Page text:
Romania builds Eurobond curve

  • 15 Sep 2001
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Romania has, over the last year, managed to compensate for an uncompromising domestic bond market by achieving some success in the Eurobond market over the last year.

"You basically have T-bills going out to 12 months," says James Stewart, vice president at Raiffeisen Zentralbank Österreich (RZB) in Bucharest. "The government has a weekly auction - for three months and six months last year, while this year it is trying to force up the six months, cut back on three months and increase its euro issuance."

The ministry of finance is quite liquid at the moment, Stewart adds, because its Eu1bn-plus Eurobond fundraising has met its borrowing needs externally.

Stewart believes there are good opportunities in developing a bond market in Romania in the long term, but for now there are two questions: if you issue at three to five years, who will buy the bonds when an institutional investor base barely exists? There has been no pension reform in the country yet and there is not likely to be in the next 12 months.

The second is to decide the yield to pay at a time when interest rates are falling, from around 50% last year to 35% at present.

"Romania has quite a lot of debt and domestic government borrowing," says Sharon Raj at Fitch in London, "but over two-thirds of it is for less than one year."

She adds: "There is a small amount of domestic debt (3%-4%) in foreign currencies, but most of the longer term bonds are bank restructuring bonds."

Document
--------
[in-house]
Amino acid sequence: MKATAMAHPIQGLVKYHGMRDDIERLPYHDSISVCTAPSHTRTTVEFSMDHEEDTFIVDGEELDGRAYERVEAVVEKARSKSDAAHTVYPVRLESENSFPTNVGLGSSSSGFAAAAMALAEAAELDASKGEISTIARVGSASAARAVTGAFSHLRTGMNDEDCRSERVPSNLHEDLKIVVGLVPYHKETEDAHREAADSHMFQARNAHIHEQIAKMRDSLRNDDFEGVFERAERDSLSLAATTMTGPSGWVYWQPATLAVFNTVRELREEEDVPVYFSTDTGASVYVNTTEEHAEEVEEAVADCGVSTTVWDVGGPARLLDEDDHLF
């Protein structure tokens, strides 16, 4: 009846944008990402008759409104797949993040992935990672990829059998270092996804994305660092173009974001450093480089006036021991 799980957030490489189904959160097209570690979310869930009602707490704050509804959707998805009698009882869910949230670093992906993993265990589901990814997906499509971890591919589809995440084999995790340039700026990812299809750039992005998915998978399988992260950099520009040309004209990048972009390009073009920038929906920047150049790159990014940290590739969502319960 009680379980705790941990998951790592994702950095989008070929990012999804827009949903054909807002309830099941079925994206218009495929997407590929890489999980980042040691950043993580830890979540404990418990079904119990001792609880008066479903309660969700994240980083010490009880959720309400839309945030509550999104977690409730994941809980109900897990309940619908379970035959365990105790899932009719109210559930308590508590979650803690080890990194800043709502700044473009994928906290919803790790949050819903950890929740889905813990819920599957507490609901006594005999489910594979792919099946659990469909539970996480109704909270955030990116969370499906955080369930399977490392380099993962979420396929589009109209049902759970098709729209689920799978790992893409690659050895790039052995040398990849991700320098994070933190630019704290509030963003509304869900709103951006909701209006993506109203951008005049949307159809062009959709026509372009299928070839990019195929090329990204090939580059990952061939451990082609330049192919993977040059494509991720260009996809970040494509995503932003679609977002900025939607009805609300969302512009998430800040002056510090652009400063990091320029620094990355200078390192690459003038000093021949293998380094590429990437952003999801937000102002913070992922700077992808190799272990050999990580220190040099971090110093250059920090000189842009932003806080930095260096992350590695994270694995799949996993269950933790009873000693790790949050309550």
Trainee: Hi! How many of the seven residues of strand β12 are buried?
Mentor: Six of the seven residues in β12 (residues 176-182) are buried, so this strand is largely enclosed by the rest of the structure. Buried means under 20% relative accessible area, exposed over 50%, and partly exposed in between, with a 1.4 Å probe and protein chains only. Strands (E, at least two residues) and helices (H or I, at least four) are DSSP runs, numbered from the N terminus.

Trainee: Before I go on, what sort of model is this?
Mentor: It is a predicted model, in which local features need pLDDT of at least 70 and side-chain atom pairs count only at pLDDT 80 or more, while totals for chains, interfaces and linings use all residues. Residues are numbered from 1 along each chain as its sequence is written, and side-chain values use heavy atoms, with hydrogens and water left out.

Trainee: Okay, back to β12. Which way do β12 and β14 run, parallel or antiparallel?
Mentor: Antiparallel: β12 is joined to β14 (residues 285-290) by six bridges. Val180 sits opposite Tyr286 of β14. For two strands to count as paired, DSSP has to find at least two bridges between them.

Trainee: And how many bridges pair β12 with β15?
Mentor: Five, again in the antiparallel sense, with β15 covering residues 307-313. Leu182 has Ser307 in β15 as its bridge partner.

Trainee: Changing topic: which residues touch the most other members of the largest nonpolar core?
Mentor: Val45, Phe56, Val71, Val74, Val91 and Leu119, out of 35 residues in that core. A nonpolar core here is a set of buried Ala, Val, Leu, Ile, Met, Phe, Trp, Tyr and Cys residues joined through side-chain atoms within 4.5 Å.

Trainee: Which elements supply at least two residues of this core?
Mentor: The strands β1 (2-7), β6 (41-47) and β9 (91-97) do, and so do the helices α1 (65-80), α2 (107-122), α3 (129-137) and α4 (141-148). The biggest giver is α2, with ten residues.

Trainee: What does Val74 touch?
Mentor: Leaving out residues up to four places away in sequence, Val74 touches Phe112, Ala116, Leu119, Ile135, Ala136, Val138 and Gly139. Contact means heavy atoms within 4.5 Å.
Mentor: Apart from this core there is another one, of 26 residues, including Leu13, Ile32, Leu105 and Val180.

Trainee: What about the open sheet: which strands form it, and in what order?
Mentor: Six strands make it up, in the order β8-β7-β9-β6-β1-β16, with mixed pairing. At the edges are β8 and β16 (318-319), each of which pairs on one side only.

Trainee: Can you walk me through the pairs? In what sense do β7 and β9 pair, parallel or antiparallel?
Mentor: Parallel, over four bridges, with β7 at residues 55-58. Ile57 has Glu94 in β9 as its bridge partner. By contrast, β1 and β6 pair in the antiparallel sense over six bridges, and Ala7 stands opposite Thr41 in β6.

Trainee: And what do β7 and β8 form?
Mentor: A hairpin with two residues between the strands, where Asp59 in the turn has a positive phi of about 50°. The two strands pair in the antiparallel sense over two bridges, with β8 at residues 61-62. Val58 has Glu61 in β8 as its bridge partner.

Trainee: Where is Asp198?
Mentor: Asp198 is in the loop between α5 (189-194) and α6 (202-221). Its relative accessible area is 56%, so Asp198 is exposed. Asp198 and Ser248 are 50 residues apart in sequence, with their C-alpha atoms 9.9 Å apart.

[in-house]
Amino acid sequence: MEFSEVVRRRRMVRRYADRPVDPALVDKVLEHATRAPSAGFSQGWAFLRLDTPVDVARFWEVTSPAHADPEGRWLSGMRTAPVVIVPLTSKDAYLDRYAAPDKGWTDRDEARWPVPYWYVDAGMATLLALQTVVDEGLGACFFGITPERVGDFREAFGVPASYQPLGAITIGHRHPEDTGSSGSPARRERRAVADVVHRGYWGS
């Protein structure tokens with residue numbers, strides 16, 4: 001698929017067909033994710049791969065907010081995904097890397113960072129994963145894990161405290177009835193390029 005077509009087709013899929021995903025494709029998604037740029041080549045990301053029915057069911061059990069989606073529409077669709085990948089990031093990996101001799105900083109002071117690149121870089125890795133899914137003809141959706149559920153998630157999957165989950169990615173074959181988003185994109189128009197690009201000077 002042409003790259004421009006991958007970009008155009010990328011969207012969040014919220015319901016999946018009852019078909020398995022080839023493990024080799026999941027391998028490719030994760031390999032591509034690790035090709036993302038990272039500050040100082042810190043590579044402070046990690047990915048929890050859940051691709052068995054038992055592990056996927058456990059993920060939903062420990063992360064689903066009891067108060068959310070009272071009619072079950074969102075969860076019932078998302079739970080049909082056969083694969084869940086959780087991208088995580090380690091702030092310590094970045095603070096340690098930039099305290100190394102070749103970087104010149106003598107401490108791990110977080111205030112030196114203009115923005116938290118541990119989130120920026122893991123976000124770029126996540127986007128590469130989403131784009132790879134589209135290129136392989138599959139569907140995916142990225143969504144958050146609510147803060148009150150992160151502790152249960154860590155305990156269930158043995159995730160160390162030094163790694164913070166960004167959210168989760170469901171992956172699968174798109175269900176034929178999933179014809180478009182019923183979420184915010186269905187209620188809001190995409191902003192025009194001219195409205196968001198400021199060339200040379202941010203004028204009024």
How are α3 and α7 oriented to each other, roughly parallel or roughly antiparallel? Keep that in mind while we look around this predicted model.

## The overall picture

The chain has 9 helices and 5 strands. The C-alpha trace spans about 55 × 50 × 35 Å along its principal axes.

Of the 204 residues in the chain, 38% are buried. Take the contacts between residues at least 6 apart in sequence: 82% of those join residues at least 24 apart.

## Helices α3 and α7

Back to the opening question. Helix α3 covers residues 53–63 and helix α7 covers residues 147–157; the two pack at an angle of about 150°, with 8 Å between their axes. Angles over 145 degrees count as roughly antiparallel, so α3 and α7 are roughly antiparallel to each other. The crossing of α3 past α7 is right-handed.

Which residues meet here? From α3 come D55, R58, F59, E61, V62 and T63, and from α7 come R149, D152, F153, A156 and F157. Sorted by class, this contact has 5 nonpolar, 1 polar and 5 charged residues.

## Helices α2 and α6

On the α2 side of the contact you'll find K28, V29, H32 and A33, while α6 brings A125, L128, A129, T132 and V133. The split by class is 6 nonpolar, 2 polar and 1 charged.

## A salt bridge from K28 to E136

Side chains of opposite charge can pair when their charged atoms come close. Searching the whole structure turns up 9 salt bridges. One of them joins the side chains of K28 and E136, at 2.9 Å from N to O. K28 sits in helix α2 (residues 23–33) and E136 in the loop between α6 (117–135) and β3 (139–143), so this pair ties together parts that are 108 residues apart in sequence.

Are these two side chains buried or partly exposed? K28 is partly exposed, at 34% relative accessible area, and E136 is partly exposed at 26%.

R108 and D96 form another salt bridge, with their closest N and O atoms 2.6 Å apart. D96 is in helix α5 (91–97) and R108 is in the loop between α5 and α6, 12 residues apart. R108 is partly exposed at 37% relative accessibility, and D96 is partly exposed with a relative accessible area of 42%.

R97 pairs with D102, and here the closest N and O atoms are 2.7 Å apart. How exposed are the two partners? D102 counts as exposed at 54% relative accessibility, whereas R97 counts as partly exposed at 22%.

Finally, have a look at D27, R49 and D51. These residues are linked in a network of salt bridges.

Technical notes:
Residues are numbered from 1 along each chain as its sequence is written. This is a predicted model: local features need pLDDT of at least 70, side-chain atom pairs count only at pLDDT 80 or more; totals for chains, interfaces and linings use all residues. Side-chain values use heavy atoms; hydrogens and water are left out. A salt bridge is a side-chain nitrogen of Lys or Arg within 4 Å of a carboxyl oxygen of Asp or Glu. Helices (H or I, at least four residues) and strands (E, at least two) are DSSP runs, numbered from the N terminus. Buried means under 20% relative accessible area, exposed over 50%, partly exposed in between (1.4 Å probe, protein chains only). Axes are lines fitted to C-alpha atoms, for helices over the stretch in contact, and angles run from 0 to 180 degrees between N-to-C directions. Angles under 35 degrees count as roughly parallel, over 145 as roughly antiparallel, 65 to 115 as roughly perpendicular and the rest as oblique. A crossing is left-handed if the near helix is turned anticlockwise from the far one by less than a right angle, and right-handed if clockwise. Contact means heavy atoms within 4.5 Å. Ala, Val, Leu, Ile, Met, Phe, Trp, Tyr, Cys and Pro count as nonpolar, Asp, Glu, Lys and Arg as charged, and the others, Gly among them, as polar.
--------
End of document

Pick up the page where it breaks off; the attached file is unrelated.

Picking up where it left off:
The government would like to extend its yield curve out beyond one year but - lacking as credible a fiscal policy as neighbouring Bulgaria - it will not be easy.

As a result, the government has had to rely on external sources to fund its budgetary needs. The 2001 deficit target of 3.7% will be met by World Bank grants, cross-border loans and especially Eurobonds.

Romania's successful return to the international capital markets with three deals over the last year has been a swift recovery from the days in 1998 when the country was near to default.

After two years of failed efforts by banks to issue a bond for the republic, Deutsche Bank in September last year raised Eu150m of three year bonds that pay a hefty coupon of 11%.

Romania was back in the market two months later with a Eu150m 11.55% five year transaction lead managed by ING Barings and Schroder Salomon Smith Barney. The deal was increased shortly afterwards to Eu300m.

The republic's last deal - and the only one planned for 2001 - came in the undoubted benchmark form of a Eu600m 10.625% seven year offering via Credit Suisse First Boston and JP Morgan. Investors flooded into the deal, attracted by its size, and the scarcity value of high yielding eastern European credits.

Earlier in March, electricity generator Termoelectrica raised Eu150m in three year bonds through Deutsche Bank and JP Morgan.

Termolectrica had a specific state guarantee. But state owned oil and gas company SNP Petrom - which was planning a Eu150m five year bond issue in September - does not. As a result, it was expected to have to pay 150bp over the sovereign curve. NP

  • 15 Sep 2001

All International Bonds

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5 Barclays 169,046.60 646 5.94%

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5 Credit Agricole CIB 18,706.93 106 5.17%

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5 Morgan Stanley 10,194.88 57 6.62%